Syrian President Bashar al-Assad has described the cessation of hostilities in force since Saturday as a “glimmer of hope” while offering rebel forces “full amnesty” if they hand over their weapons.
Speaking in an interview with Germany’s ARD network, Mr Assad also accused the opposition of violating the agreement intended to halt nearly five years of fighting.
The opposition has in turn accused the Syrian government of breaching the fragile truce by repeatedly attacking its positions, which the government denies.
International observers have acknowledged violations of the agreement while stressing that the level of violence has decreased considerably.
“We will play our part to make the whole thing work,” Mr Assad said.
“Just … give up your armament, whether you want to join the political process or [are] not interested about the political process, you don’t have any political agenda, it doesn’t matter.
“The most important thing for me, legally and constitutionally … [is] that you’re not allowed, as a citizen, to hold machine guns and hurt people or properties.
“This is the only thing that we ask. We don’t ask for anything. As I said, we give them full amnesty.”
The president said the Syrian army had not reacted to truce violations in order to give the agreement a chance.
“The terrorists have breached the deal from the first day,” Mr Assad said.
“We as the Syrian Army are refraining from responding in order to give a chance to sustain the agreement.
“But in the end there are limits and it all depends on the other side.”
He also said people in Syria were suffering from a “humanitarian disaster”.
The war has killed at least 250,000 people and forced millions to flee their homes.
The United Nations (UN) hopes the cessation of hostilities will allow it to deliver aid to more than 150,000 people in besieged areas of Syria.
Mr Assad denied that his troops were cutting off food and medical supplies from rebel-held cities.
“How could we prevent them from having food while we cannot prevent them from having armaments?” he argued.
UN peace talks to restart on March 9
The cessation of hostilities agreement, drawn up by the United States and Russia, has also been seen by the UN as an opportunity to restart peace talks, which collapsed before they had even started a month ago in Geneva.
“We are delaying it to the afternoon of March 9 for logistical and technical reasons and also for the ceasefire to better settle down,” UN Syria envoy Staffan de Mistura said on Tuesday.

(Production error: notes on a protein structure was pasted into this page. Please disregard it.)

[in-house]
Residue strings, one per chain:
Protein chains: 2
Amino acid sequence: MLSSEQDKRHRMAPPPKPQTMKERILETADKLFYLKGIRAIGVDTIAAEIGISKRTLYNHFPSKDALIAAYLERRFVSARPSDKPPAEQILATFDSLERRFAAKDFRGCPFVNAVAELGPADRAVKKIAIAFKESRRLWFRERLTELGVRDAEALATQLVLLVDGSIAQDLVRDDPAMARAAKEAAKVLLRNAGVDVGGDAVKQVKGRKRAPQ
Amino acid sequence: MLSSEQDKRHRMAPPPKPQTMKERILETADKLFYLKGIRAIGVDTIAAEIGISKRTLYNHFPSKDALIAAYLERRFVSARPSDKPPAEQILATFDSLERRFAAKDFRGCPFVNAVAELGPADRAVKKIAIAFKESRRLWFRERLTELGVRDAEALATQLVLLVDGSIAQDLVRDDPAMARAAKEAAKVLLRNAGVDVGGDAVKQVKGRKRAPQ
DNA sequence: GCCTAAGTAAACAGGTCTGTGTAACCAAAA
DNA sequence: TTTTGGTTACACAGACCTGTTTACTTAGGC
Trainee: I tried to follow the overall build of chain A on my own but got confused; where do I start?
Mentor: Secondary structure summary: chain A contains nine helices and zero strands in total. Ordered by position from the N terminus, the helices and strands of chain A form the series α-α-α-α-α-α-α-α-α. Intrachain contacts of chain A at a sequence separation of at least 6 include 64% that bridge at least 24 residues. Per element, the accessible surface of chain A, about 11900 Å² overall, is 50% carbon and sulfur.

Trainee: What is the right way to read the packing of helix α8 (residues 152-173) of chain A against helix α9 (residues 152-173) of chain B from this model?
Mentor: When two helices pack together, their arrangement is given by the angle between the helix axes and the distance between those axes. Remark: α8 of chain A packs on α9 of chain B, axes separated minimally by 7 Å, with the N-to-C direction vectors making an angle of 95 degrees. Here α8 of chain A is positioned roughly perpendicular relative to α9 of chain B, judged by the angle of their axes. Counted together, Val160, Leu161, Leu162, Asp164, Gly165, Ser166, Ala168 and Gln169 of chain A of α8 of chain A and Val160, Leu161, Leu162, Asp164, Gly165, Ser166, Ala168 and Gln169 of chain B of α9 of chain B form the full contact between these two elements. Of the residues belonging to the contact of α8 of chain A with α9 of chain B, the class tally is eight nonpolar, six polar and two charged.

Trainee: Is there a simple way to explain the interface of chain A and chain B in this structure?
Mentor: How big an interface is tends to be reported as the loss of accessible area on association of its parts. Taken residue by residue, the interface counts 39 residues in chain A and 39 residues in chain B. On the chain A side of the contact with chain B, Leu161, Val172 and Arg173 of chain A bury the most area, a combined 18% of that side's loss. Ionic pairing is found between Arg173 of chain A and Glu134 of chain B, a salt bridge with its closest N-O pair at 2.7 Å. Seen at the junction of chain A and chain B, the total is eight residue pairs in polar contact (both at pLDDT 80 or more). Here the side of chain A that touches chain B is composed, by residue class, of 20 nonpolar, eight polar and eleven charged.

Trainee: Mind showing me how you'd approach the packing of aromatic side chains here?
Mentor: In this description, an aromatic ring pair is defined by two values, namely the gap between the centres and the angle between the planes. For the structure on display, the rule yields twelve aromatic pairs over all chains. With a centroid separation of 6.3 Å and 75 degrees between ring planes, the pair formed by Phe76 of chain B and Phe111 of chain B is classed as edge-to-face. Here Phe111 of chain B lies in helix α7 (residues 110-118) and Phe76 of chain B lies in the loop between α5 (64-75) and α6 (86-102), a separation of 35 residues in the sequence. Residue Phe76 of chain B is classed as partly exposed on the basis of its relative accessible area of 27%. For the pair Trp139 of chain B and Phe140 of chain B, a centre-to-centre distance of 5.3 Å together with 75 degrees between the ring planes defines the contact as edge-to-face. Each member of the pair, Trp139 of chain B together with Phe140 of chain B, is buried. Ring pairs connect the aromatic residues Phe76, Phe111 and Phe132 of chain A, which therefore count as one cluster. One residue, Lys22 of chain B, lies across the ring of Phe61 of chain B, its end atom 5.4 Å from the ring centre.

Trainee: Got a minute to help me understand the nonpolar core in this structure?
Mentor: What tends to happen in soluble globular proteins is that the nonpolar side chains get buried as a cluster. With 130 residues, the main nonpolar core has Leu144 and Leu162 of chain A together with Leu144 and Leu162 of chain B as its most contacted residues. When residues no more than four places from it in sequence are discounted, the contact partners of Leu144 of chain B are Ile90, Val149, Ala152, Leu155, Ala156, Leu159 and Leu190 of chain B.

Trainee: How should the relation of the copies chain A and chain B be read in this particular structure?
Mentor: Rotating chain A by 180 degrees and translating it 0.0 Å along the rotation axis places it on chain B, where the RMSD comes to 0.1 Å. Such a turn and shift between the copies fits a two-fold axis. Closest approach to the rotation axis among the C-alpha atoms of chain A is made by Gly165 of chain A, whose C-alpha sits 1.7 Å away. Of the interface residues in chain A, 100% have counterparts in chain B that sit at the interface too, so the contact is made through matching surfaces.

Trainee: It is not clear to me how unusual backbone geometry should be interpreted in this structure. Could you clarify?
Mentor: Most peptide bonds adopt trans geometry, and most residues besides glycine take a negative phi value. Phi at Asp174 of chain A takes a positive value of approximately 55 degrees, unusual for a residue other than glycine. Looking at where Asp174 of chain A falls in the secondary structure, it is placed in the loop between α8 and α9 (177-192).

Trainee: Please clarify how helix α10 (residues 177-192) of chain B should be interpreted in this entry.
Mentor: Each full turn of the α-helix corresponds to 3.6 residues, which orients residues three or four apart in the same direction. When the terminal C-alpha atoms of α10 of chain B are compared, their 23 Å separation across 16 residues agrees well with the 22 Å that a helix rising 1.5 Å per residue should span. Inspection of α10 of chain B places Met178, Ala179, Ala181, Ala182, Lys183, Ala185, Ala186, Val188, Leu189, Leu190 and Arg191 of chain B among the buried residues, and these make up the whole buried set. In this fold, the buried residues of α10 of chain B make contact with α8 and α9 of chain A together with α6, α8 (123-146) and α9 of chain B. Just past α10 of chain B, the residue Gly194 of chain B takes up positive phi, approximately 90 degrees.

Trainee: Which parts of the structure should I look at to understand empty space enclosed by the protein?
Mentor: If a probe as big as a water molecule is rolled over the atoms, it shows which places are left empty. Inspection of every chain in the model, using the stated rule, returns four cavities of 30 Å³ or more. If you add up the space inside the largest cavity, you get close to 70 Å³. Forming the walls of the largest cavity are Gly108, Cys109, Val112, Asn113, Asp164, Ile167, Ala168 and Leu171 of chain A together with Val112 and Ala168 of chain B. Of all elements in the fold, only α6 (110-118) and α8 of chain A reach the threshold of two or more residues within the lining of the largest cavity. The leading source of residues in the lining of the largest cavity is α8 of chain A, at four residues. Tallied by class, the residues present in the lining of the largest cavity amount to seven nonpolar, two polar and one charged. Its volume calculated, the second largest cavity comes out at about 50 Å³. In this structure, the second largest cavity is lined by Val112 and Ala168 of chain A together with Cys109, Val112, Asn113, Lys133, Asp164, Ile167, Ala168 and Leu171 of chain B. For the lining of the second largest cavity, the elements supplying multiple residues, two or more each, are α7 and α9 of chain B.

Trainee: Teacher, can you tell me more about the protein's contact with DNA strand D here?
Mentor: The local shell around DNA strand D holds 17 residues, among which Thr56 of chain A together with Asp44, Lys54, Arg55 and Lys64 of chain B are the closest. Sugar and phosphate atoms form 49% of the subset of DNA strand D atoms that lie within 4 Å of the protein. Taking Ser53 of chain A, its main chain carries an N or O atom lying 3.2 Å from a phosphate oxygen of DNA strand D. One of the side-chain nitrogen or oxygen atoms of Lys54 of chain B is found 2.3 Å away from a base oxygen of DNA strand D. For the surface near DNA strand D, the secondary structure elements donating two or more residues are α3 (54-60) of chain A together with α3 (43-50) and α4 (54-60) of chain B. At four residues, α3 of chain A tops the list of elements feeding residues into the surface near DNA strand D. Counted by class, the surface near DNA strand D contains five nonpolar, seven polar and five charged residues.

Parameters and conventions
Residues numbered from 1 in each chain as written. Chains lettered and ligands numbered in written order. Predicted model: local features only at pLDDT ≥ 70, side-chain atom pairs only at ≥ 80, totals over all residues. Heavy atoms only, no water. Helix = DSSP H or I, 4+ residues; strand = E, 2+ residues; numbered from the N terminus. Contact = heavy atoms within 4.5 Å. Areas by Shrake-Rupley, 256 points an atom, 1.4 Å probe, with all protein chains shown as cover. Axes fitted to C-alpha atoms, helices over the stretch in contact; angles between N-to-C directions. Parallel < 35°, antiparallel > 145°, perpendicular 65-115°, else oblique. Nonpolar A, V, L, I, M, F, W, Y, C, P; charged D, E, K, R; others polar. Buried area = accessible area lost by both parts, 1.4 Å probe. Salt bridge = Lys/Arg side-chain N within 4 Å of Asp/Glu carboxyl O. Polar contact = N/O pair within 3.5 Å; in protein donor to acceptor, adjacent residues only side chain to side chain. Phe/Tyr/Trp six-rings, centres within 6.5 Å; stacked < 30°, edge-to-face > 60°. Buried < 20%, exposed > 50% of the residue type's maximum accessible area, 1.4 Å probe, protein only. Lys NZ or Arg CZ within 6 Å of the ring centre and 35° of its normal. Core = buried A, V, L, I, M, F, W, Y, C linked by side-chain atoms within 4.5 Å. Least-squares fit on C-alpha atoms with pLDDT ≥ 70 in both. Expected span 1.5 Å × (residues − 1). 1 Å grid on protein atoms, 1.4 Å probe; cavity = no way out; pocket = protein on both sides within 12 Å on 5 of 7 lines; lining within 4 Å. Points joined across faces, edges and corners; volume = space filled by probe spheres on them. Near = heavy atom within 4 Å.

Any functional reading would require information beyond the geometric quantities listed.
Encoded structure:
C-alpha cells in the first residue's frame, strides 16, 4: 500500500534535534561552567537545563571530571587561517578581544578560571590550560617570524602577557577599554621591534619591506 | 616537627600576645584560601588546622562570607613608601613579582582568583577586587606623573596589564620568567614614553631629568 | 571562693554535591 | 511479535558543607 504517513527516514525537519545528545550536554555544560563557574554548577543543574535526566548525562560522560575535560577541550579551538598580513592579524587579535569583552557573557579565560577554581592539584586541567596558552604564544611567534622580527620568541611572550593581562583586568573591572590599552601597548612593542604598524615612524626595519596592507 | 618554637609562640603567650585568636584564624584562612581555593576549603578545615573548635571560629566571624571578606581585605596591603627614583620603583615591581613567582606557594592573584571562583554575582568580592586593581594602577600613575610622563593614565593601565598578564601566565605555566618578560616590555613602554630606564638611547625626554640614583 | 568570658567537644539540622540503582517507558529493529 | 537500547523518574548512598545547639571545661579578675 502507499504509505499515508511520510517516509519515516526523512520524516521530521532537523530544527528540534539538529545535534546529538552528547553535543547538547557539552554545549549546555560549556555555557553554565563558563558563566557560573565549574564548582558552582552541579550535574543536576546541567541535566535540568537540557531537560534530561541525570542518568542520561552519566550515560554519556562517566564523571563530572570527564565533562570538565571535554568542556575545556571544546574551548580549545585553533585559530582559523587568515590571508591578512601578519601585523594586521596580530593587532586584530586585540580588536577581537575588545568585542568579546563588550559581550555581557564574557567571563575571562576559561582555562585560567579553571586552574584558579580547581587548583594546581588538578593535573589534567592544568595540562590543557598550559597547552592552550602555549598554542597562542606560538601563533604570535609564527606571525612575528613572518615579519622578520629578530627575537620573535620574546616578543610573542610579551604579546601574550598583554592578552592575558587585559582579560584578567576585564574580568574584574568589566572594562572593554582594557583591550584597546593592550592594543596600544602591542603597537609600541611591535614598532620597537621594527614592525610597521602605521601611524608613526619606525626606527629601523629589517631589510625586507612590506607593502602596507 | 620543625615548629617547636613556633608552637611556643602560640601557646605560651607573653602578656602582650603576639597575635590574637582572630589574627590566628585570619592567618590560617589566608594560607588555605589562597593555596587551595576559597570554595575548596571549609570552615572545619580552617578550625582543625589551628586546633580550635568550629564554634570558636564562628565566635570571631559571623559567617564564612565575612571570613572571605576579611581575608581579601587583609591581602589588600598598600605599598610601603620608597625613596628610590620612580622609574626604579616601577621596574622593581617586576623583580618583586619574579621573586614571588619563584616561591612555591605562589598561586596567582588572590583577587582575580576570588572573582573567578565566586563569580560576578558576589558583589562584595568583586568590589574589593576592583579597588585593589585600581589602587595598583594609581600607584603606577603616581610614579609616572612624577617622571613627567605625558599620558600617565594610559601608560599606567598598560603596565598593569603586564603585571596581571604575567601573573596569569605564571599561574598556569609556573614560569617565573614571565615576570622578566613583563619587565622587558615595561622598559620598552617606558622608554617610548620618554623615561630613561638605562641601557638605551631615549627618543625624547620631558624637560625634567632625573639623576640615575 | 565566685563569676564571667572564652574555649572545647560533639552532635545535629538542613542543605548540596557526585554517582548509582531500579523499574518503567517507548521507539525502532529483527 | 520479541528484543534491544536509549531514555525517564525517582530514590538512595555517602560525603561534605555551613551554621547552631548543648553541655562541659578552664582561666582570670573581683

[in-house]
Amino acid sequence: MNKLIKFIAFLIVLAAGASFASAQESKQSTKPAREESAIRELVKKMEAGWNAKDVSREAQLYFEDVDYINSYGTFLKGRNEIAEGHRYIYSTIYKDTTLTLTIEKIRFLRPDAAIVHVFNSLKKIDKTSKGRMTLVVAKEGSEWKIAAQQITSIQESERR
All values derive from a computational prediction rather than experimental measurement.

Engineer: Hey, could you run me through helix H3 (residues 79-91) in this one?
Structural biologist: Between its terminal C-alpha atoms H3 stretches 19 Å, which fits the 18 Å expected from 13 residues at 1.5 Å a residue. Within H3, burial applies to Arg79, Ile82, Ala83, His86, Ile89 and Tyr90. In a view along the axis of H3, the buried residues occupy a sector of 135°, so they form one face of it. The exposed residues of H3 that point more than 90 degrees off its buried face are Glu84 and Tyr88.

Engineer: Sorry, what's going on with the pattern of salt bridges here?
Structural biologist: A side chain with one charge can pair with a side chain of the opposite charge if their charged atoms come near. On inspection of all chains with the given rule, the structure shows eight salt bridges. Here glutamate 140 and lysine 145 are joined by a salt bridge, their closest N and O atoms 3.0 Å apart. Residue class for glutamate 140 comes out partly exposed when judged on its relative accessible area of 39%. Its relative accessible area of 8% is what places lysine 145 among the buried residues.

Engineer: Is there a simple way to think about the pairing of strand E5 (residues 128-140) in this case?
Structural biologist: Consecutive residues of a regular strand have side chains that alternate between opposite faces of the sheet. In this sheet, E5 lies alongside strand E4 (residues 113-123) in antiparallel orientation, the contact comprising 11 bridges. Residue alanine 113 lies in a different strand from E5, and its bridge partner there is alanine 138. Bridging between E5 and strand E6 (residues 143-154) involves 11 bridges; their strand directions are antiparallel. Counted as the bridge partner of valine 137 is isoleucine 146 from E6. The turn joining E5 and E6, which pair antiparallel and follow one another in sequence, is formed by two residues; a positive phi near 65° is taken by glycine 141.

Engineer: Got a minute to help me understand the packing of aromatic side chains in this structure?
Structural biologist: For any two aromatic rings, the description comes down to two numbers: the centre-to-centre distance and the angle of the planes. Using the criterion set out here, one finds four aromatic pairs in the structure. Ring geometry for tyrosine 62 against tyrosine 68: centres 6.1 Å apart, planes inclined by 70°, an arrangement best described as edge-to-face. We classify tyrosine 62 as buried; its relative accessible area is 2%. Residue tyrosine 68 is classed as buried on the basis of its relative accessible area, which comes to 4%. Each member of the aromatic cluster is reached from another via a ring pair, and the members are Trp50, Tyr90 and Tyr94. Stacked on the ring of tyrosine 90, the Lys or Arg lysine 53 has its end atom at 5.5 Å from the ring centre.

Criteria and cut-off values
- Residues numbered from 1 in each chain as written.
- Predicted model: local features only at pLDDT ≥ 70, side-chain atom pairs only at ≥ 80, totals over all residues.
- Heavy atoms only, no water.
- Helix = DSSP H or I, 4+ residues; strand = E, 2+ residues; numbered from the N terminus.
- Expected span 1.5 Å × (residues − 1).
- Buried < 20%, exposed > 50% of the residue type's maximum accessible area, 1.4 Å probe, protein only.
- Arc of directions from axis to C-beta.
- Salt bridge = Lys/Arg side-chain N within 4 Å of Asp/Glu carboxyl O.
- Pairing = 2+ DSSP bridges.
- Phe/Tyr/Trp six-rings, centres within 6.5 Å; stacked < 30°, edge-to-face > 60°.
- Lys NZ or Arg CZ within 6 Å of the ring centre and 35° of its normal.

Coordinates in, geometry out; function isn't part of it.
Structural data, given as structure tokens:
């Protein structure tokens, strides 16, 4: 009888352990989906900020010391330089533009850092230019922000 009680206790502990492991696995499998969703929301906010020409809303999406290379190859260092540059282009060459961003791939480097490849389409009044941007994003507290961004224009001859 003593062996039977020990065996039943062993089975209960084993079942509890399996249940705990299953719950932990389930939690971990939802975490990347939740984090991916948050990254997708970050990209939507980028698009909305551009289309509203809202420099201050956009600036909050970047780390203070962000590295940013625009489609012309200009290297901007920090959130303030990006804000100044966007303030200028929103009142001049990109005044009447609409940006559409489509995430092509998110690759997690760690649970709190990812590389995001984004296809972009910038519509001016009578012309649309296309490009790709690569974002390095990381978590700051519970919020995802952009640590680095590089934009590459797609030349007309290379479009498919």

The talks had previously been pencilled in for March 7.
Riad Nassan Agha, a member of the opposition High Negotiations Committee, said the opposition would study the call for talks based on developments on the ground, adding that the opposition had only heard of the March 9 date in the media.
He said he did not see “good implementation” of humanitarian clauses in a UN Security Council resolution which the opposition has demanded be carried out for Syria peace talks to begin.
He added that Mr Mistura appeared to be “in a hurry”.
UN Secretary-General Ban Ki-moon and Russian Foreign Minister Sergei Lavrov have said there was an urgent need for the warring parties to return to the negotiating table while the ceasefire is in place.
US Secretary of State John Kerry said on Monday that while efforts were being made to track down alleged violations of the cessation of hostilities, there was currently no evidence to suggest they would destabilise the fragile peace.
The agreement does not include Islamic State (IS) militants and the Nusra Front, and Mr Assad and his Russian backers have made clear they intend to keep attacking the jihadist groups.
The Saudi-backed “moderate” opposition says that because some of their fighters are located in areas alongside Nusra, they fear being targeted too.
The Russian Defence Ministry said it was refraining from striking areas in Syria where the “moderate opposition” was respecting the ceasefire agreement, Interfax news agency reported.
A total of 15 ceasefire violations have been registered in Syria in the past 24 hours, Interfax quoted the Russian military as saying.